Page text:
It could be really easy right now to get really down on myself.
In sunshine, dust and clutter are clearly visible.
Last week I was looking for something in the back of the refrigerator and made the grand realization that no one needs three half-full jars of pickles.
A similar scenario played out in the yard. I was admiring the blossoms on the aged almond tree and realized my yard looked like the resident gardener had died last year.
I’ll deflect some blame to Old Man Winter, because the previously-glorious plants have been brutalized by cold. But mostly I blame myself.
Saturday I became the powerful agent of change.
Fueled by sunshine, raw, pent-up energy emerged. Bedraggled lemon verbena was butchered to a stub. Crumbs of once-vibrant wallflower (Erysimum, Bowles mauve) were whisked away and the overgrown oregano was curtailed.
At one point, I noticed that a rivulet of blood was running down my arm.
There was still daylight, but I had to stop because the green waste can was full.
Now, the plants worth looking at are visible.
Gifts from space
Early-blooming bulbs tend to have a surreal appearance. When you look closely at daffodils, for example, you could easily mistake them for something manufactured from synthetic material in a factory in China.
Even the color seems more fitting for a package of Skittles candy than a bloom from the ground.
The shape is strange as well, with six petals forming a star, and a frilly bowl in the middle.
My friend Rochanah has hundreds of daffodils growing in her yard, and for the past several years graciously invited me over to pick bouquets.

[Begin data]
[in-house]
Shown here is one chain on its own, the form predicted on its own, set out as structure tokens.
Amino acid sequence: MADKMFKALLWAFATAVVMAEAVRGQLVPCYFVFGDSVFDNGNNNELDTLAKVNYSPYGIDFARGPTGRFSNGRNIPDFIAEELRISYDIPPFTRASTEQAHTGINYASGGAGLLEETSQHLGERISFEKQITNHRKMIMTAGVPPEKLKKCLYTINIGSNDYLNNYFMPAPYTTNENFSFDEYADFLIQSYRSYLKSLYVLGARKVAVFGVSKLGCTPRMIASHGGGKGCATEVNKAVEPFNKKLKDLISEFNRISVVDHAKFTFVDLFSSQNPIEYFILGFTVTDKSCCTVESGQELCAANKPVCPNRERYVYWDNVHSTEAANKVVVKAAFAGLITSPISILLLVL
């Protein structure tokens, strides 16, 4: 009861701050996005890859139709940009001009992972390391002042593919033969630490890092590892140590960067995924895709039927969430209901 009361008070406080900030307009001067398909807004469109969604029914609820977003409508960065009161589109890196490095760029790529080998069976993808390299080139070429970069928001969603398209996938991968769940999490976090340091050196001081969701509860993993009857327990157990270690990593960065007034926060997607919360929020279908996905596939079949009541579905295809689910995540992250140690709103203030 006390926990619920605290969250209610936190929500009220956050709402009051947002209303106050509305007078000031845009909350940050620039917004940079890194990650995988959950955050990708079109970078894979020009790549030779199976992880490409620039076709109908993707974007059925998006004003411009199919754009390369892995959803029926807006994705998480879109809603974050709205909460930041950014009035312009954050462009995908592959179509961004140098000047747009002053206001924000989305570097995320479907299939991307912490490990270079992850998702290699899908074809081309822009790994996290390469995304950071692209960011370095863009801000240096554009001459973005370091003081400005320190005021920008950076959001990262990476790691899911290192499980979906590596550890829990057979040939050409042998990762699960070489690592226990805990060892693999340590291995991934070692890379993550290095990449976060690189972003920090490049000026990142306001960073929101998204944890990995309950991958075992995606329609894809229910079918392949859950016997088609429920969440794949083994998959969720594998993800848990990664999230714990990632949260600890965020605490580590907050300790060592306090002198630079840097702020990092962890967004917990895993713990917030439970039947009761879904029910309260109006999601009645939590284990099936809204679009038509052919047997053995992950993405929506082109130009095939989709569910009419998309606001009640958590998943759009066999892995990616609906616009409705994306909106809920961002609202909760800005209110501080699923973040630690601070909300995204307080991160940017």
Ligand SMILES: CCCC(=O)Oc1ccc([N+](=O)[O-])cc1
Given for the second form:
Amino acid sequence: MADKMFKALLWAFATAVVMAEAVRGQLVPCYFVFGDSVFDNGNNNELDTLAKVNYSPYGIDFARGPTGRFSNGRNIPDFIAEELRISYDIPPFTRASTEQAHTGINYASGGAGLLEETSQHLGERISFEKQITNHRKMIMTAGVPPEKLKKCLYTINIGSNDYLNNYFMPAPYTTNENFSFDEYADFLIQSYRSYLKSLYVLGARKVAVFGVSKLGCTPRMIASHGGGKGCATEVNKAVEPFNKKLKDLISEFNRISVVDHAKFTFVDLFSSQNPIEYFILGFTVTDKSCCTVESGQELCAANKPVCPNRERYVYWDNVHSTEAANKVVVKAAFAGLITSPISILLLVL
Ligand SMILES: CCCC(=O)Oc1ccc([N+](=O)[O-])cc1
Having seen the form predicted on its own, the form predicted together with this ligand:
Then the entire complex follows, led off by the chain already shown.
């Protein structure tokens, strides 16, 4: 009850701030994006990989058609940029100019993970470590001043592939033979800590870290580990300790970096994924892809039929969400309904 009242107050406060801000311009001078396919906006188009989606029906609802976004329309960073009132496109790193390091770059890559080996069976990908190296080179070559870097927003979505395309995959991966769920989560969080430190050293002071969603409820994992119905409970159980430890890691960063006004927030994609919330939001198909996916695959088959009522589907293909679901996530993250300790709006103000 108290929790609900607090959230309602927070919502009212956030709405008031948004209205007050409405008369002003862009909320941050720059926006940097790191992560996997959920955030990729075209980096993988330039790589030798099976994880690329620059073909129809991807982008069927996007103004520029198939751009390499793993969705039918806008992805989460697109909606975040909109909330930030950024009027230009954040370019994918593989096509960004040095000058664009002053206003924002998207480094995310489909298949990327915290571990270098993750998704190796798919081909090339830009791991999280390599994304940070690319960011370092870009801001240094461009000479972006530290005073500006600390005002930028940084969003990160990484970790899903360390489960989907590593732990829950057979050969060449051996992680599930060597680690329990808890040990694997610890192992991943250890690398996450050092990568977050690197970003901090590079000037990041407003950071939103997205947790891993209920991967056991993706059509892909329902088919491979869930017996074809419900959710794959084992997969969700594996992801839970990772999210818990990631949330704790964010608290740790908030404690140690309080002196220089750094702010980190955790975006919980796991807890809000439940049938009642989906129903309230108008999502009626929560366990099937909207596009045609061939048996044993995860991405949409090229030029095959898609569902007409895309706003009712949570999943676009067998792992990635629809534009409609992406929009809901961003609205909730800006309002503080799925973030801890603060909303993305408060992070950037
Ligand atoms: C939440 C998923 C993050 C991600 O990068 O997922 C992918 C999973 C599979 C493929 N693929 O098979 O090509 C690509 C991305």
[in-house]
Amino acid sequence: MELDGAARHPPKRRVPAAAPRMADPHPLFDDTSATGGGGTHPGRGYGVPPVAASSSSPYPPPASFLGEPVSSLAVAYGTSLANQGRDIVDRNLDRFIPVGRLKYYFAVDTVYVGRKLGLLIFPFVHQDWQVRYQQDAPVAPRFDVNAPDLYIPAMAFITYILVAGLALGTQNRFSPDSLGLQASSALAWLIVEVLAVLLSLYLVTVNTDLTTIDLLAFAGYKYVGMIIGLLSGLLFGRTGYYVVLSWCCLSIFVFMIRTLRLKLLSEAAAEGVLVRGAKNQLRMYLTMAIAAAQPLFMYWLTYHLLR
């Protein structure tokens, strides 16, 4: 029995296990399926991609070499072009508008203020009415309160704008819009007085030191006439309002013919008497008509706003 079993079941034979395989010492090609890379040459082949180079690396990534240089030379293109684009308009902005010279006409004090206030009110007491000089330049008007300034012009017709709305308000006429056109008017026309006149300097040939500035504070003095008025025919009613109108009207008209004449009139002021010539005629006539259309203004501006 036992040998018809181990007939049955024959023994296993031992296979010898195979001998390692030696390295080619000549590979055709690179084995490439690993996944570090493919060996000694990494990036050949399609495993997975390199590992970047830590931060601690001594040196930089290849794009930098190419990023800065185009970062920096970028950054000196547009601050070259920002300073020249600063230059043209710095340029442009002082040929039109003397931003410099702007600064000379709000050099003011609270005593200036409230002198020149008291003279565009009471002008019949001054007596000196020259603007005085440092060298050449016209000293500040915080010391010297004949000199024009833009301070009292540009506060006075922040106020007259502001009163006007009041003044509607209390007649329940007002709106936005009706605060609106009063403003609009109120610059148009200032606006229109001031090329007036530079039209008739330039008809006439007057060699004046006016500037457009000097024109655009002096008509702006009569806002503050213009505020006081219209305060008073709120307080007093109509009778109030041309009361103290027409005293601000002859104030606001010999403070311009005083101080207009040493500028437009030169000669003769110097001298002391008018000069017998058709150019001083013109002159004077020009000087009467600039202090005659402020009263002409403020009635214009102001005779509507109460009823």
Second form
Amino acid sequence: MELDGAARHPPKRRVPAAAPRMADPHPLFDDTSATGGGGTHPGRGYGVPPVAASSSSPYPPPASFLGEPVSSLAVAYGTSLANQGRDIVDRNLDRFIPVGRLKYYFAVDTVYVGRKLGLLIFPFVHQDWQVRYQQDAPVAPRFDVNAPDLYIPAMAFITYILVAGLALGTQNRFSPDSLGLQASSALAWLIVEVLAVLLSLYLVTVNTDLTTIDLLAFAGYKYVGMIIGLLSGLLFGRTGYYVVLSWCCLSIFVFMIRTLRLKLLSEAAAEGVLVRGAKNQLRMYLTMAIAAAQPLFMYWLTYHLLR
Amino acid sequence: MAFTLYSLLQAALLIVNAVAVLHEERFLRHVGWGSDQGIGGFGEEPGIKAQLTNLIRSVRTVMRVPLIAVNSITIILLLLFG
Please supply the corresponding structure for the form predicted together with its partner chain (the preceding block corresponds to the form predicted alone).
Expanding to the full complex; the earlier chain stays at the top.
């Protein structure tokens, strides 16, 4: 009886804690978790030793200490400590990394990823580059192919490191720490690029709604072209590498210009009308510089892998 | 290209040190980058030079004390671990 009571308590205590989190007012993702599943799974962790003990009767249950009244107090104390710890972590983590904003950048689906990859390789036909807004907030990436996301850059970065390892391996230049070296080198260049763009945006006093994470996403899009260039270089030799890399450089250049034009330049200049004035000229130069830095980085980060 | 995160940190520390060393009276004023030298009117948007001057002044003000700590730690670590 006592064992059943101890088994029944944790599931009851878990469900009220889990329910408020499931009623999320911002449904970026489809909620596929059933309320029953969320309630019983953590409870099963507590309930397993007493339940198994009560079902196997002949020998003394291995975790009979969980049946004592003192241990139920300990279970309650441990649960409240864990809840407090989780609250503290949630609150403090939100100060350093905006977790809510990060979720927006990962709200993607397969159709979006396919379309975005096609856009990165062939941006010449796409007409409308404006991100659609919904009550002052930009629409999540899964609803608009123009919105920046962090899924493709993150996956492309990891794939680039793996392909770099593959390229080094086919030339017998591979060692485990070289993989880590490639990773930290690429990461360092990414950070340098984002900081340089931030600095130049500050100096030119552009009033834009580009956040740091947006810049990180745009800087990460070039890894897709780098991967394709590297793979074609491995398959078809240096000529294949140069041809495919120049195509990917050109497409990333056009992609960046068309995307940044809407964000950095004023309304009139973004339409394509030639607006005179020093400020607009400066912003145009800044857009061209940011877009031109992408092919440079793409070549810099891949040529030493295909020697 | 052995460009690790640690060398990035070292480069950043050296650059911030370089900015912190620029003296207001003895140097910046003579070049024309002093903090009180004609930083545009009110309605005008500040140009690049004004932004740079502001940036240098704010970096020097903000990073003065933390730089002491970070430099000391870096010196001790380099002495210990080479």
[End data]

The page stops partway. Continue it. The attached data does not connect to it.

Thanks to Rochanah, many reporters now have small vases of yellow flowers at their desks.
Other bulbs are similarly outstanding. Tulips look like they are made of wax and hyacinth could be crafted by Crayola. Come to think of it, if you smell cyclamen, a winter bloomer, it even smells like crayons.
Perhaps there are biological reasons why early spring bulbs seem like they come from outer space. Likely the journey from soil to sunlight, while still at risk of winter mayhem, has caused these plants to evolve in a less fragile way.
Also, some of the overwhelming smells are no doubt created to lure bees from their cold slumber.
Inspired by these re-discoveries, I asked my Facebook friends to look out for early signs of spring.
The aforementioned Rochanah said her flowering plum tree went “poof” over the weekend, and looks like a pink balloon.
Vickie also posted a photo of a tulip/magnolia tree (I can never tell the difference) now blooming on East First Avenue and Magnolia, by Bidwell Perk.
Recently I also spotted the earliest (and smallest) of yellow wildflowers and blue dicks at Horseshoe Lake.
After a day working in the yard, I felt empowered by sunshine. As the mosquitoes were emerging to feast, I toiled on.
Holes where I had buried kitchen scraps over the past few years were located and rich, wormy compost was found. This was piled into the raised bed, where I turned the soil until my deltoids ached.
It might be too early, but some spinach and carrot seeds were scratched into the soil. And for fun, I planted several rows of freesia bulbs.
Goodbye, garden neglect.